The most interesting things at CES were the things that weren't at CES. While I'll discuss the others in due time, one notable absence from CES was the often rumored Intel set-top box. Erik Huggers, the head of Intel's new Media division, confirmed today that Intel was working on a complete IPTV solution: service, software and hardware, all to be sold direct to consumers.

Erik confirmed that Intel Media was an all new group within Intel, staffed with folks from Apple, Netflix and Google among other places. Erik himself came from the BBC's Future Media & Technology group. Intel seems to know that it can't pull something like this off using internal talent alone. Bring in smart outsiders then give them the support of Intel seems to be the approach here - and it makes sense.

Details are scarce, and I'd expect them to be for quite some time. Intel committed to launch the box and service this year and it'll support features like catch-up, video on demand as well as live TV - all delivered over the internet. A list of content providers as well as pricing are two notable bits of information that were missing from today's disclosure. Until we get closer to launch, I wouldn't expect to hear anything on either front. Intel did mention that this wasn't a value play, and there was a strong focus on content bundles, which means this is likely not a full á la carte solution that's going to drive cable TV providers out of business.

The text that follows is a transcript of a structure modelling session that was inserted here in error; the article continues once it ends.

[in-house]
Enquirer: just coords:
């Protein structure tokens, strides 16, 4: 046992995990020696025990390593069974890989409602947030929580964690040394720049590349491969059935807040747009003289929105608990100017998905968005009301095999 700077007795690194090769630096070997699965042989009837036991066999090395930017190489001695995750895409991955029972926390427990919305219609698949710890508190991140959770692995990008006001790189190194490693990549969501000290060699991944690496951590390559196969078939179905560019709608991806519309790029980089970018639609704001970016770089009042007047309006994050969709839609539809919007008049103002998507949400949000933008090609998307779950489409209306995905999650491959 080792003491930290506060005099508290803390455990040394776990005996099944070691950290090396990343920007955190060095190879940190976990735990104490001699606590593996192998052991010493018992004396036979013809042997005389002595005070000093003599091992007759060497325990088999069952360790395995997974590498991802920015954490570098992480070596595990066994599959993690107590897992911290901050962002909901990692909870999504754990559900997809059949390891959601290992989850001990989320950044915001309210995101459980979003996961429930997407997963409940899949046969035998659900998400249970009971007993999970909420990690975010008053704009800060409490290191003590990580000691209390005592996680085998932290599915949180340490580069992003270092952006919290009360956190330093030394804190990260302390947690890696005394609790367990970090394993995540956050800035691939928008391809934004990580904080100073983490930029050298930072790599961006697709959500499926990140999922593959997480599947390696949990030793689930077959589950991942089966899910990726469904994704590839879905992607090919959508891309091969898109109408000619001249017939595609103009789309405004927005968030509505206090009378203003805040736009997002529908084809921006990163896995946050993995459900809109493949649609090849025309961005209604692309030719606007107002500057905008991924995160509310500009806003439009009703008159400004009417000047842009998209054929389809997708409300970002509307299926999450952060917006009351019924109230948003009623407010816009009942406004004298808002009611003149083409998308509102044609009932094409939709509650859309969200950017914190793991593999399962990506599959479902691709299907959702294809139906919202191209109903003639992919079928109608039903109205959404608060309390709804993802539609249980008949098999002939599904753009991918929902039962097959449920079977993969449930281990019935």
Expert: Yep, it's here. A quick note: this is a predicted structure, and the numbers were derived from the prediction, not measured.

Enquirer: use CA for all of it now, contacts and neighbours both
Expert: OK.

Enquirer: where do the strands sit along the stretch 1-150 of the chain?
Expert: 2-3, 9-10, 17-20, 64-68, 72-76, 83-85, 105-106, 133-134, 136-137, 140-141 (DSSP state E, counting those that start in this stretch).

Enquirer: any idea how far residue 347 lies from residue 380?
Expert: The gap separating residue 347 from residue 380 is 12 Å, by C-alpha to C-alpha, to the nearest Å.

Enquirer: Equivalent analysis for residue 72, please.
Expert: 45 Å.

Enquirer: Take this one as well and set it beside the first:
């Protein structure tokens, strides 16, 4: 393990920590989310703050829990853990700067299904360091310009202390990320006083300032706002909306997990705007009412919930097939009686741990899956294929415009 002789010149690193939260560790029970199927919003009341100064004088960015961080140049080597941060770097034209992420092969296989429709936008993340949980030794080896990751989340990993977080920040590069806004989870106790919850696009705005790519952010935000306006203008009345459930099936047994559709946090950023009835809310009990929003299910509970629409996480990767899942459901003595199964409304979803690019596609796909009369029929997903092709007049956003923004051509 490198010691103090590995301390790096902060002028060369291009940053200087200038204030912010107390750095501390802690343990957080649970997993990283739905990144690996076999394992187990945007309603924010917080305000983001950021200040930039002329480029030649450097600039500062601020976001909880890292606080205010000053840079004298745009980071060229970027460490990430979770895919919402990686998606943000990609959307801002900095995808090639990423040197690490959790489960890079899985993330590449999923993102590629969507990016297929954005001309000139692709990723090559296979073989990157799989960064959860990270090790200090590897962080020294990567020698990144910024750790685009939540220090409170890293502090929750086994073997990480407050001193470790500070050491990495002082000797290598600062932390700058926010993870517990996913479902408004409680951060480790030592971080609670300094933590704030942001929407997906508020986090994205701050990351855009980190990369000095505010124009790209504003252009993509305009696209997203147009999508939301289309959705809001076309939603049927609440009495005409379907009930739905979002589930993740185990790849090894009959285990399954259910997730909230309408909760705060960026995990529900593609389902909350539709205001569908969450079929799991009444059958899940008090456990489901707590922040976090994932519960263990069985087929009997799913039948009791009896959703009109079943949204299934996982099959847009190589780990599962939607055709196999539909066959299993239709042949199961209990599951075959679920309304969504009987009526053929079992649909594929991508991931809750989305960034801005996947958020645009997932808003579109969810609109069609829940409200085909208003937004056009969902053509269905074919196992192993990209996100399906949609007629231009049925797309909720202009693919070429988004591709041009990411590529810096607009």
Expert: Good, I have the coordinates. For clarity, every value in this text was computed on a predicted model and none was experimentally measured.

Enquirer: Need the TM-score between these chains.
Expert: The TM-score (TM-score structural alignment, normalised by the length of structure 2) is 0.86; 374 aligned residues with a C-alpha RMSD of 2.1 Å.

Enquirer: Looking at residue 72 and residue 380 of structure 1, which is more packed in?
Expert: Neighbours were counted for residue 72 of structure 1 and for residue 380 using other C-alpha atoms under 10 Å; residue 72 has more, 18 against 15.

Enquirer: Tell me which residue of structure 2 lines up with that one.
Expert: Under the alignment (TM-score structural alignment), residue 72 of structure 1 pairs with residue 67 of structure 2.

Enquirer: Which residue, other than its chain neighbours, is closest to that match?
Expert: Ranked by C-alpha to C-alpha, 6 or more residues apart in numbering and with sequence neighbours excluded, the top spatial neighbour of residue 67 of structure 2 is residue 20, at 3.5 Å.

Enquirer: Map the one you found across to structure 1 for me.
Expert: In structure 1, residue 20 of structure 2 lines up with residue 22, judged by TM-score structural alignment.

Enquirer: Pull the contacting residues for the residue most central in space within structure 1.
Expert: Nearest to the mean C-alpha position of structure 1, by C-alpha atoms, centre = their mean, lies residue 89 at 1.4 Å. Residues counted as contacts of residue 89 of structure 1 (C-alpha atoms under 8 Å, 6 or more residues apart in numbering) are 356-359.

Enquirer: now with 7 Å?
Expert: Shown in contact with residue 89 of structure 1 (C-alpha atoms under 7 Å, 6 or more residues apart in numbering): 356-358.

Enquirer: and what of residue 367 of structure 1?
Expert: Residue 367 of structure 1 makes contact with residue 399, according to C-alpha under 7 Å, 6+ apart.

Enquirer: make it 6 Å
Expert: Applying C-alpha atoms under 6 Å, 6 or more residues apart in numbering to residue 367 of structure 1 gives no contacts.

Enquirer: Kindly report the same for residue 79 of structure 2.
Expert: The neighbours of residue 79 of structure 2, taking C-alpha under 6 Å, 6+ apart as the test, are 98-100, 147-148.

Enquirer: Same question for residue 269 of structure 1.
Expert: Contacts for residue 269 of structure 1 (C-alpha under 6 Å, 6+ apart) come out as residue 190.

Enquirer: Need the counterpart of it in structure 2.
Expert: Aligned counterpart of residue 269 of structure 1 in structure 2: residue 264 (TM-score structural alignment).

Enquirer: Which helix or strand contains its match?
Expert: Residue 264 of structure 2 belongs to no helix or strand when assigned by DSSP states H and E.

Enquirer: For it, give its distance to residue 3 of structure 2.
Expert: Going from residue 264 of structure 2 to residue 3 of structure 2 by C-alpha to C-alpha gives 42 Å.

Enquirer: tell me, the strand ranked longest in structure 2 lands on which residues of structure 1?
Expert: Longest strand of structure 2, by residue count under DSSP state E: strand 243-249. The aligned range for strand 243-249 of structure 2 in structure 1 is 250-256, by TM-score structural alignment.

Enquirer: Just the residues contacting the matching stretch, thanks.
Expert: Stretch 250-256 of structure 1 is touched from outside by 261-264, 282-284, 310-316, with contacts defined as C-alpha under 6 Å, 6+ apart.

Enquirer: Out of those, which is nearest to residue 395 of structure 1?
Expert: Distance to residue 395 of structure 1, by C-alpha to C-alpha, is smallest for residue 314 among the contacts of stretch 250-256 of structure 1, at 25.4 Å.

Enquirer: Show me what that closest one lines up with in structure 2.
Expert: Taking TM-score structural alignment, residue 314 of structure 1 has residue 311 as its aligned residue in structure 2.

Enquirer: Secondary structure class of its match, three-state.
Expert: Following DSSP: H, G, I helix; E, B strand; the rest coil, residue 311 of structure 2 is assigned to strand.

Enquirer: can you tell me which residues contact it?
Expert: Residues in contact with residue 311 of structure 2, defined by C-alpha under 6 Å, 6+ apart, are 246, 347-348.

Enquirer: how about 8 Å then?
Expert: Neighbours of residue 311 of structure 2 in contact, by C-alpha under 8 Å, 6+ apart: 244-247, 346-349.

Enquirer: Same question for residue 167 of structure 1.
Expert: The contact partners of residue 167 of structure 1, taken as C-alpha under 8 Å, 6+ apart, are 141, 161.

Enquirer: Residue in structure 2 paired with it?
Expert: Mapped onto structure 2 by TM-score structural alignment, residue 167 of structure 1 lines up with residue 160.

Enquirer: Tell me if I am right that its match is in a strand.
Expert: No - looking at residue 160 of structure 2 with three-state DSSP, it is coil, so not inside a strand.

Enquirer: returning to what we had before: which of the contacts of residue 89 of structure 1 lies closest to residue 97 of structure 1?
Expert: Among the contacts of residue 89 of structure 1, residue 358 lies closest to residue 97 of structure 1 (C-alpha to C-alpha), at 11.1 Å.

I'll refrain from speculating publicly here, but there's a lot that makes this interesting. Some questions to ask:

1) Why is Intel getting into the TV business? Why now?

2) If not competing aggressively on pricing, then how will Intel differentiate?

3) Intel's divisions traditionally require high operating margins to survive in the long run. 

Unlike Intel's smartphone aspirations, its work in the TV space won't have the time to eventually build up steam. Intel also won't have the burden of playing catch up in a quickly maturing industry. The established players in the cable TV space have done a great job of stifling innovation for quite a while. It's clear that a more revolutionary approach is necessary to liberate live TV content. The question is whether or not Intel can be the first company to succeed where others have failed.

Many expected Apple to be the first to tackle and succeed here. Perhaps Intel will beat them to the punch? (this helps answer question #1 above).

More thoughts on this later. 

 

Source: AllThingsD

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  • titanmiller - Tuesday, February 12, 2013 - link

    Give me FULL á la carte and I will buy it. I'd be quite happy to pay $5/month for the channels that I would actually watch. I hate spending $100/month to get the 2-3 extra channels that I actually watch over the basic plans. Reply
  • This Guy - Wednesday, February 13, 2013 - link

    This product could improve fab utilisation and increase time between retooling.